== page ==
S&P Clarifies its Index Definition of a US Company

August 17, 2007 (PLANSPONSOR.com) - Standard and Poor's has announced a clarification of its definition of a U.S. company for index purposes.

In a press release, S&P said that a U.S. company, for index purposes, should have the following characteristics:

  • Incorporated in the U.S.
  • Financial reporting should be U.S. GAAP, in U.S. dollars, and the company should not be considered a foreign entity by the SEC
  • A corporate governance structure consistent with U.S. practice
  • Headquartered in the U.S.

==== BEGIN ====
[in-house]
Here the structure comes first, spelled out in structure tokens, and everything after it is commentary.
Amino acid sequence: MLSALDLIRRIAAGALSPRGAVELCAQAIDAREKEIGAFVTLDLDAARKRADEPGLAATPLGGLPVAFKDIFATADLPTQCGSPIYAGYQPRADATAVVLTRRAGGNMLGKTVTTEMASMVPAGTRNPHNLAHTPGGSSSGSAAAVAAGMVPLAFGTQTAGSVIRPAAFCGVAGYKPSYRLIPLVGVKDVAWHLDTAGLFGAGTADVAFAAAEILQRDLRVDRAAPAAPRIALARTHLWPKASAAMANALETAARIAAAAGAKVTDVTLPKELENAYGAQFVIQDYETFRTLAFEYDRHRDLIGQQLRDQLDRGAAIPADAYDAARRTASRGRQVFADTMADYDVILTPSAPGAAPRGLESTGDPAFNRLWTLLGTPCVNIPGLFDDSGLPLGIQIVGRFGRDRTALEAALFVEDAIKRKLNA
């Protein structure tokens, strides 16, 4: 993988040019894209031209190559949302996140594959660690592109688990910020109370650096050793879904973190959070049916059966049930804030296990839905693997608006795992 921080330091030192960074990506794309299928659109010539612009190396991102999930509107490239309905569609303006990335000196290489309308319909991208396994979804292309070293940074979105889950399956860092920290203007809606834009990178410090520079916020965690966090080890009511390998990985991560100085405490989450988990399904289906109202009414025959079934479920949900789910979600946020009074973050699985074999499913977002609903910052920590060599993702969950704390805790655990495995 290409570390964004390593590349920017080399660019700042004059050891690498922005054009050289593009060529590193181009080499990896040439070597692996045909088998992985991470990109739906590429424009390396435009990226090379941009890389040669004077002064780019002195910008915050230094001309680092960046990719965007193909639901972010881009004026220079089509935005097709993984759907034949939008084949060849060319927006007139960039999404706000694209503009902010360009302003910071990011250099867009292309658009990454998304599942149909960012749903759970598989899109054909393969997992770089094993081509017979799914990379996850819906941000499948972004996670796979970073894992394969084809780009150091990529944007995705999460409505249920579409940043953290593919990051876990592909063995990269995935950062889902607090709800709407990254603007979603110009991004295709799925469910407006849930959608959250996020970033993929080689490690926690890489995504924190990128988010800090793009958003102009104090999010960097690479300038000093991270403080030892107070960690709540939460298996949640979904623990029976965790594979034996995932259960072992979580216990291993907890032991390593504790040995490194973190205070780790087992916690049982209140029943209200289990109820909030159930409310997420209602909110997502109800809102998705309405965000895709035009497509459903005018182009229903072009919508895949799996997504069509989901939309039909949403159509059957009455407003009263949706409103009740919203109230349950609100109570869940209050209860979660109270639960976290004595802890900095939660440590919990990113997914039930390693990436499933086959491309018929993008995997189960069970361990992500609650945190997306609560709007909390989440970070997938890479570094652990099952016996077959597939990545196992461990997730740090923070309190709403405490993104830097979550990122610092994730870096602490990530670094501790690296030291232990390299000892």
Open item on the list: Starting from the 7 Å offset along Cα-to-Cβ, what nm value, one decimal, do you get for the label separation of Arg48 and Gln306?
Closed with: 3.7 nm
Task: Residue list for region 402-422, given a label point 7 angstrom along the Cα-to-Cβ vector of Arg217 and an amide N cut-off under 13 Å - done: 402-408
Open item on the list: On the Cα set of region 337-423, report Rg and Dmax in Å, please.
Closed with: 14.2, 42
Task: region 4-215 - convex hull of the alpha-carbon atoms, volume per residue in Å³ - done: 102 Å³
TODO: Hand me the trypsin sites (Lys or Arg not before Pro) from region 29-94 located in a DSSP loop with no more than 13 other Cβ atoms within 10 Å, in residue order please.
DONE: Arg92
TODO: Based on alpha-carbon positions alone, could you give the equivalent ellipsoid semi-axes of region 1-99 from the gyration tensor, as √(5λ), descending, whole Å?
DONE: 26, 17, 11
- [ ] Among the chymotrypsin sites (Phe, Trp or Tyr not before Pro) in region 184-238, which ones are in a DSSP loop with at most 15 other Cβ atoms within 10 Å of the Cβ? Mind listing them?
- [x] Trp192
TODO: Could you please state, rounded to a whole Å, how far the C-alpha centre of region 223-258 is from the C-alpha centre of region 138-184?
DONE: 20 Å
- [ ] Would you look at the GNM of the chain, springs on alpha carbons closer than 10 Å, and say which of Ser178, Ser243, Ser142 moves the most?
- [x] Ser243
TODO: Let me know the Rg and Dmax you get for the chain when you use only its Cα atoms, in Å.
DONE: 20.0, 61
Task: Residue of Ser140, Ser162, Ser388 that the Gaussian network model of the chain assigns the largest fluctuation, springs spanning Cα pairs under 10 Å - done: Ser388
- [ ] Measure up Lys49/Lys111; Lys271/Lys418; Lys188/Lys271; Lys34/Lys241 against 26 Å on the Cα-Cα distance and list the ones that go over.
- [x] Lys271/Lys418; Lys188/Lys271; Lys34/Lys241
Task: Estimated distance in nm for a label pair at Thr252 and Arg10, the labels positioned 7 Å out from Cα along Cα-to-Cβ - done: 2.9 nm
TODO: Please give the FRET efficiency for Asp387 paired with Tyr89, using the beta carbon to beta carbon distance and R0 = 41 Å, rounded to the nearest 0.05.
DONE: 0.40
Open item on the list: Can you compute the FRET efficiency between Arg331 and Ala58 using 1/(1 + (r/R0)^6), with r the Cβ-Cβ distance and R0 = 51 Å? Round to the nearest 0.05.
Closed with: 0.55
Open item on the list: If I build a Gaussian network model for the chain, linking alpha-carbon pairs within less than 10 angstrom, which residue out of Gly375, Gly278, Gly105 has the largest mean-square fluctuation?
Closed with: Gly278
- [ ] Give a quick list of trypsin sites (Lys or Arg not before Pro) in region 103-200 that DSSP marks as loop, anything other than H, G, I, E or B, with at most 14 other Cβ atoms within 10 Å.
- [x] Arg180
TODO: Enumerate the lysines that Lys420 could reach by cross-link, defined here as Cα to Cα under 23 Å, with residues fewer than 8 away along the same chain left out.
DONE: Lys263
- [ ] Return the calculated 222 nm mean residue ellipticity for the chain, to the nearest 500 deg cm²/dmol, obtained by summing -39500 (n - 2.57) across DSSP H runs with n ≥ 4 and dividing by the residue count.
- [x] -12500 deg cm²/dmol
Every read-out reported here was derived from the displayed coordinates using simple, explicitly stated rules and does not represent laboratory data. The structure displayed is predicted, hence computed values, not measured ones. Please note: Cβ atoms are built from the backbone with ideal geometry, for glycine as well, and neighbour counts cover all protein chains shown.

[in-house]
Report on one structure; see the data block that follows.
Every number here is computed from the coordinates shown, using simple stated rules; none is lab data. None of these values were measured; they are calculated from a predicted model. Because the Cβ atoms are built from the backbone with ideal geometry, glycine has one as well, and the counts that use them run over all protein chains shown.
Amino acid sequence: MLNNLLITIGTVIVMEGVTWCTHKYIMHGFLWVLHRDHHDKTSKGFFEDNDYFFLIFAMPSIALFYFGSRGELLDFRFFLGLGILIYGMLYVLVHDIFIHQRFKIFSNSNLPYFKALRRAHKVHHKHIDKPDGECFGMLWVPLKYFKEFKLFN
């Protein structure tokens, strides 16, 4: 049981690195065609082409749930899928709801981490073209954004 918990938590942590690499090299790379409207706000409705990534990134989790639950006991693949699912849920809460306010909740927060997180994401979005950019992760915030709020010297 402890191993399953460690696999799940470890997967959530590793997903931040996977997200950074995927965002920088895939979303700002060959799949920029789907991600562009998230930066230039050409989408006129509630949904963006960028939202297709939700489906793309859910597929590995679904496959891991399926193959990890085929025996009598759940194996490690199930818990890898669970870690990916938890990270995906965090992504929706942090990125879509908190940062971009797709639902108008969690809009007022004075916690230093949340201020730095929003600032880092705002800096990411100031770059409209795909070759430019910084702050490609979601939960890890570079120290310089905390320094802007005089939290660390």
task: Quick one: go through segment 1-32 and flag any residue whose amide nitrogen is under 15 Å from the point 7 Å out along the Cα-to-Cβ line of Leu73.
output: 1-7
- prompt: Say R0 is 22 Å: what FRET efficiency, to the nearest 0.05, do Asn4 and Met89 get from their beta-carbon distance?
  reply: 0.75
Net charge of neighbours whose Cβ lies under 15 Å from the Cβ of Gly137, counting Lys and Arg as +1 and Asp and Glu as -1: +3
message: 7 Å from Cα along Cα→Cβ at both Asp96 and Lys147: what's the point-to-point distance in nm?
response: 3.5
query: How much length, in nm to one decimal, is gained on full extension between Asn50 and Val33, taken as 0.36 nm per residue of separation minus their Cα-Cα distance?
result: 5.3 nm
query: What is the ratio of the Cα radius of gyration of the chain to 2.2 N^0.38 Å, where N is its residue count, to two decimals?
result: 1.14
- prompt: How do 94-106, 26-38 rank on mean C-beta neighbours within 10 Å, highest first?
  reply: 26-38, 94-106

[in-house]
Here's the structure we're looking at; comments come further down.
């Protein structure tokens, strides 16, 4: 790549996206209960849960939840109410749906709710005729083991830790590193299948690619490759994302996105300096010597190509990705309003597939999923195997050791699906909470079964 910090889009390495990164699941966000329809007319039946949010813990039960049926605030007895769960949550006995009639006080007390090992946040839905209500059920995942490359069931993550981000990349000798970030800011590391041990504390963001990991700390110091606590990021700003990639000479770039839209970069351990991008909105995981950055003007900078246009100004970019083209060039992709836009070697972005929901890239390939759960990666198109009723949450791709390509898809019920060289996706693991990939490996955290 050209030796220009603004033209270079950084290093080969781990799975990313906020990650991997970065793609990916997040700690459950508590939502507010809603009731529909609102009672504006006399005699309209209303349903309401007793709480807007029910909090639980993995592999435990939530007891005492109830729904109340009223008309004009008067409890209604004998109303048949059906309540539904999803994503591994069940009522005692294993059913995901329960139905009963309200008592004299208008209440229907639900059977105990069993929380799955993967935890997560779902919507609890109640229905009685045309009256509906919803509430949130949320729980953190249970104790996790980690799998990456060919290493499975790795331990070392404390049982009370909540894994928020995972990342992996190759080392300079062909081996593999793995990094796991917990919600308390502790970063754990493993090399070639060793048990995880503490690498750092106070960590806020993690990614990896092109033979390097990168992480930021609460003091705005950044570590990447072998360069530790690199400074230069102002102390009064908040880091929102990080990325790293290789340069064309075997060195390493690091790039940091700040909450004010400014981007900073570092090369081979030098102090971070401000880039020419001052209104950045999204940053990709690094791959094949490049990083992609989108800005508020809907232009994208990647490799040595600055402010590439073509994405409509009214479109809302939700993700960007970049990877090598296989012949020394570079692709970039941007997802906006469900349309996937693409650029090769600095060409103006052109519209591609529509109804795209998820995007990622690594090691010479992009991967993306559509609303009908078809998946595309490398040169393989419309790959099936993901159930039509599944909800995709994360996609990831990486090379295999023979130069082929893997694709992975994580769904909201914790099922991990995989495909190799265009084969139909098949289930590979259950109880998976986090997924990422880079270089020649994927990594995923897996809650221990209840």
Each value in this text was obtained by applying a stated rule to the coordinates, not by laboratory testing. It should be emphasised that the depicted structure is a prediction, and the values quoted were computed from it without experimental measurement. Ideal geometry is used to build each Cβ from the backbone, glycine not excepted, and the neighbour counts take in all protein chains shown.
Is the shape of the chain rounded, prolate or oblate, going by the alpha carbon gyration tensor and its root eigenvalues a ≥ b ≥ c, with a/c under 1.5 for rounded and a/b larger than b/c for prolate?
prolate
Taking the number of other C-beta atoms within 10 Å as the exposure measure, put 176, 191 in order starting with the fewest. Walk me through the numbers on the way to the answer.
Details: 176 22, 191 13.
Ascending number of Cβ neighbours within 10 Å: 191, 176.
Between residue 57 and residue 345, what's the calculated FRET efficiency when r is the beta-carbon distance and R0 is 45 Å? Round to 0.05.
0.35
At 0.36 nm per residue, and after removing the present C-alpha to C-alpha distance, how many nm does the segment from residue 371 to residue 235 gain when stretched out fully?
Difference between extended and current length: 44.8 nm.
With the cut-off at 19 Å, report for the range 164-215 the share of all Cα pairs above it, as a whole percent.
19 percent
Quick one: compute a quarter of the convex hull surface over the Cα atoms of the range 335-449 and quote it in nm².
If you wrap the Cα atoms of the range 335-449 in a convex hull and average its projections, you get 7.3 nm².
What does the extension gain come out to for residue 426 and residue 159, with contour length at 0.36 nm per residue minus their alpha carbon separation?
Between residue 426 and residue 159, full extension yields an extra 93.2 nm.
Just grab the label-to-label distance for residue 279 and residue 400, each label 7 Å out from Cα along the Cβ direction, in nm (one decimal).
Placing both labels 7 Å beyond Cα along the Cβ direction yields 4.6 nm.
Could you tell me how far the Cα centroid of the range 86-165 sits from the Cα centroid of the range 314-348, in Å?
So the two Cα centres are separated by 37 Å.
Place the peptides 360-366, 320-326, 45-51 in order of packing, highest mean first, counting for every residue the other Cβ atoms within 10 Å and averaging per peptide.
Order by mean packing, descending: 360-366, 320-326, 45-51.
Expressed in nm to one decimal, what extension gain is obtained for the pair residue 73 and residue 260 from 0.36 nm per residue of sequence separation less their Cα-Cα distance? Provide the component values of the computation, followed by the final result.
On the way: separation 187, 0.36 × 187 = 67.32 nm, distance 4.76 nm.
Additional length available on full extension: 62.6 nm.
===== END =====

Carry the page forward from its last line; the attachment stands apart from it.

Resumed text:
• The U.S. portion of revenues, operations, fixed assets and employees should be a significant portion of the total, but need not exceed 50%
  • The common stock should be listed on NYSE, Amex, NASDAQ or NYSE Arca (ADRs are not acceptable)
  • The company should generally be considered a U.S. company by analysts and investors

Nonetheless, S&P said that if one of these criteria is not met and there is no other major market in which a company would logically be assigned, S&P may deem it a U.S. company for index purposes.